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Revisiting historical ocean surface temperatures

Filed under: — gavin @ 11 July 2011

Readers may recall discussions of a paper by Thompson et al (2008) back in May 2008. This paper demonstrated that there was very likely an artifact in the sea surface temperature (SST) collation by the Hadley Centre (HadSST2) around the end of the second world war and for a few years subsequently, related to the different ways ocean temperatures were taken by different fleets. At the time, we reported that this would certainly be taken into account in revisions of data set as more data was processed and better classifications of the various observational biases occurred. Well, that process has finally resulted in the publication of a new compilation, HadSST3.
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How Soon is now?

Filed under: — gavin @ 7 July 2011

Willie Soon is a name that pops up every so often in climate ‘debate’. He was the lead author on the Soon and Baliunas (2003) paper (the only paper that has ever led to the resignation of 6 editors in protest at the failure of peer-review that led to its publication). He was a recent speaker (from 37.20) at the 2011 Heartland Institute conference, and can be counted on to produce a contrarian take on any particular issue that anyone might care about – ranging from climate, to mercury in fish and polar bear population dynamics.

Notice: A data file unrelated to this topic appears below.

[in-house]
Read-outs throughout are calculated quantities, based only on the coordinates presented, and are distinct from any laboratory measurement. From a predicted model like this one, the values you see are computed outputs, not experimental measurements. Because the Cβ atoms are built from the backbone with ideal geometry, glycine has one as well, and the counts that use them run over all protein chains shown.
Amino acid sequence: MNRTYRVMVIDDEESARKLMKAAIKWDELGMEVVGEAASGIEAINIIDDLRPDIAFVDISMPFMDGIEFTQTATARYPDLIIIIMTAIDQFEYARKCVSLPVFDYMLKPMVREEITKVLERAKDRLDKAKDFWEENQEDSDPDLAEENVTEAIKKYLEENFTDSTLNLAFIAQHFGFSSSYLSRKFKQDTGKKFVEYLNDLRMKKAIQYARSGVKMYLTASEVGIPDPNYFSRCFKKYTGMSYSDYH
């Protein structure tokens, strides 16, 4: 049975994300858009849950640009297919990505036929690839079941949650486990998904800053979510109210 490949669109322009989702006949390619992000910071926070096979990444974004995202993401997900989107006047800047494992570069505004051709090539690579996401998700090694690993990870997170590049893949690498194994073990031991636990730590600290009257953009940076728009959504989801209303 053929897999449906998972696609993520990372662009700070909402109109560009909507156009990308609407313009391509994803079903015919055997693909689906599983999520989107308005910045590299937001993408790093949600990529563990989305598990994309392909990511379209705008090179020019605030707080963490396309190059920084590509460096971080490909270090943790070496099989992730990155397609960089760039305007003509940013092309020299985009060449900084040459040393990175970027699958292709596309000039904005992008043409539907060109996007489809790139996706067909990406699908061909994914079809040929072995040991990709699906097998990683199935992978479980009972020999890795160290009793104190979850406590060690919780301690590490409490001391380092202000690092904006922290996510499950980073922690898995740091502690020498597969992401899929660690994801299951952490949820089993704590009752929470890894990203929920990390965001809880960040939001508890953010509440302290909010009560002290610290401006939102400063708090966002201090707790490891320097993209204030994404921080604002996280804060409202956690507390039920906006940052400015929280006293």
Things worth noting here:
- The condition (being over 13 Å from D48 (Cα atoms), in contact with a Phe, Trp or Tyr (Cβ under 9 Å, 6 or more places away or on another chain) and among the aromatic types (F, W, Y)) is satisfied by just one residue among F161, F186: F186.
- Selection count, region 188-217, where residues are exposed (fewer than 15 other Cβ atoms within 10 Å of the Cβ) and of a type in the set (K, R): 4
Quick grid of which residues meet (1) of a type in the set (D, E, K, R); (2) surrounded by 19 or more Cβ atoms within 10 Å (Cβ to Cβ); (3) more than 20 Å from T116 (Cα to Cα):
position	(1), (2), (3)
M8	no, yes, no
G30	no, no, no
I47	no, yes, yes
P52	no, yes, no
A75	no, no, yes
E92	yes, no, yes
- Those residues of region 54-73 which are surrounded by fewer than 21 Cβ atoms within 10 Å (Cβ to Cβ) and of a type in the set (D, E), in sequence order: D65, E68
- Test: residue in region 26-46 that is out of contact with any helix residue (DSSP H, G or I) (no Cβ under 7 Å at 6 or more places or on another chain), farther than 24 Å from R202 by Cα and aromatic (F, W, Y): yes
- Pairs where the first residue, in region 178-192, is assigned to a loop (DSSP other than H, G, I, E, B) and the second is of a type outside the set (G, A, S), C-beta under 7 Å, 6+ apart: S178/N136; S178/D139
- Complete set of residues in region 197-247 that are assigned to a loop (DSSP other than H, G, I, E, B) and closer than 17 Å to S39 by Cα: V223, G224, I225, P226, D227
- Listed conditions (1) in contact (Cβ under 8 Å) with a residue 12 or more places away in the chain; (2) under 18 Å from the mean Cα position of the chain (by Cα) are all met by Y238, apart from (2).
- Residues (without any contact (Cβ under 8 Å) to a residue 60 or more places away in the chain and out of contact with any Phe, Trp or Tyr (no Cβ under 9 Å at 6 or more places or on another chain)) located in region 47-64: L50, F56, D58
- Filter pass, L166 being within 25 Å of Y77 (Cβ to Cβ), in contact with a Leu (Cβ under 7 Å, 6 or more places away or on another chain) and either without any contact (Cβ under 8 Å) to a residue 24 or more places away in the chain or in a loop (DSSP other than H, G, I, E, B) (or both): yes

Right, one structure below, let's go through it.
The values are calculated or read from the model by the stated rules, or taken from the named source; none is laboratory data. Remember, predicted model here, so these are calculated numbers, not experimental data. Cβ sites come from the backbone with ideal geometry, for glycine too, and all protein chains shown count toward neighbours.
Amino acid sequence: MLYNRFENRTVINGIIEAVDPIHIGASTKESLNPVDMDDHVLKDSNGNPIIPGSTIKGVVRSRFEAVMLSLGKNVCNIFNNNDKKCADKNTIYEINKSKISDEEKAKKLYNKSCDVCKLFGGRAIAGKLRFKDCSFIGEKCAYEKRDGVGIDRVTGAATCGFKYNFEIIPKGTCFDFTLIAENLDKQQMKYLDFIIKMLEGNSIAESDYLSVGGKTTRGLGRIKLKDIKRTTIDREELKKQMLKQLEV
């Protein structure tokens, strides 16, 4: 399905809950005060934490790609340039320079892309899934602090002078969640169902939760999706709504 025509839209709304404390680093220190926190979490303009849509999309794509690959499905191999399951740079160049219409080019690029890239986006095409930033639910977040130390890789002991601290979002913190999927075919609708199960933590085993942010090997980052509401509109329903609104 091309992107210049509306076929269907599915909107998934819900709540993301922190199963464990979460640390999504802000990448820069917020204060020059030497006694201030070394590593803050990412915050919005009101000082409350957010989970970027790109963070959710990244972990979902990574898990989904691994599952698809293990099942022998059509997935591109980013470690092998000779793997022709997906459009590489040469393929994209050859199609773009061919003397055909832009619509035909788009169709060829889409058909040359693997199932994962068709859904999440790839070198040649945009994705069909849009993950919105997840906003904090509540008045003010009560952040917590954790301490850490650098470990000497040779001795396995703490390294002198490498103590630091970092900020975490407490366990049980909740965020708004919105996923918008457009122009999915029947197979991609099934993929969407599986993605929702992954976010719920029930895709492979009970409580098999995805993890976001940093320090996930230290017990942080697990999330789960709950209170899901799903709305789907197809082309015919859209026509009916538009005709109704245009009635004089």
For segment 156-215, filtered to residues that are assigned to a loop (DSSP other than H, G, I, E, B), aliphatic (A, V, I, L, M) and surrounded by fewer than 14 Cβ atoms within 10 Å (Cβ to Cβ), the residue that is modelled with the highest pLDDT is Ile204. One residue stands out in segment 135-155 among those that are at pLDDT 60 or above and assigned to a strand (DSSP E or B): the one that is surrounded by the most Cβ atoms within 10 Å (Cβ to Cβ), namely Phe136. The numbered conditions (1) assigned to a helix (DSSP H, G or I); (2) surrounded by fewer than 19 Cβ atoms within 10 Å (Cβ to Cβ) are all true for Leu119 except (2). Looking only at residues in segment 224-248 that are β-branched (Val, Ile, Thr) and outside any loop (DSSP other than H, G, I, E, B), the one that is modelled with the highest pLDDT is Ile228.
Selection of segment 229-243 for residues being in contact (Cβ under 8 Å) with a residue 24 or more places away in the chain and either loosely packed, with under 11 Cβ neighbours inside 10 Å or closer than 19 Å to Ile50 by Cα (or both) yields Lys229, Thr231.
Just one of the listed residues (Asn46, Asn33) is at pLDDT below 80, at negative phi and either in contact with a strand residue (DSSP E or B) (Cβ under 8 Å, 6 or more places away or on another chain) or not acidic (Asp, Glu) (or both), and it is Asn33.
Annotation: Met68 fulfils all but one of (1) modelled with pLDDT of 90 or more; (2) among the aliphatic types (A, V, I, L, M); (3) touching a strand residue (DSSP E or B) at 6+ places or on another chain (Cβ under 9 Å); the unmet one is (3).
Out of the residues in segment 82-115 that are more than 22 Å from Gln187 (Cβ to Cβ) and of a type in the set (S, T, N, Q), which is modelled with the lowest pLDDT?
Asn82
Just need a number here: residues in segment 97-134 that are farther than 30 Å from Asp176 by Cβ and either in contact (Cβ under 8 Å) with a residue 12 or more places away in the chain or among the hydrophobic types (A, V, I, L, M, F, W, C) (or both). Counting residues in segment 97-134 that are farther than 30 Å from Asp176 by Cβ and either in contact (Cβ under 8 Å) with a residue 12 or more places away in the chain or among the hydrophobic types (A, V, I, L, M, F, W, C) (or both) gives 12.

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Lu: from ‘interesting but incorrect’ to just wrong

Filed under: — gavin @ 5 July 2011

Some readers might recall a story from a couple of years of ago relating polar ozone depletion to cosmic rays and the subsequent failure of predictions made using that theory. The idea came from from a Qian-B. Lu (U. Waterloo), and initially seemed interesting (at least to those of us who were not specialists). Perhaps cosmic ray induced chemistry was playing some part in releasing chlorine from CFCs as well as the more accepted idea of heterogeneous chemistry on polar stratospheric particles? Lu’s predictions for increased polar ozone loss in 2008/2009 as a function of the low solar activity (and therefore higher CR flux) did not come to pass. Worse (for this idea), new analyses demonstrated that the hypothesized CR-induced CFC loss wasn’t detectable at all.
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Unforced variations, July 2011

Filed under: — group @ 2 July 2011

The RC open thread.
With a reminder that this is not a dumping ground for anything under the sun, but is rather for discussing climate science topics that don’t fit neatly into ongoing discussions.


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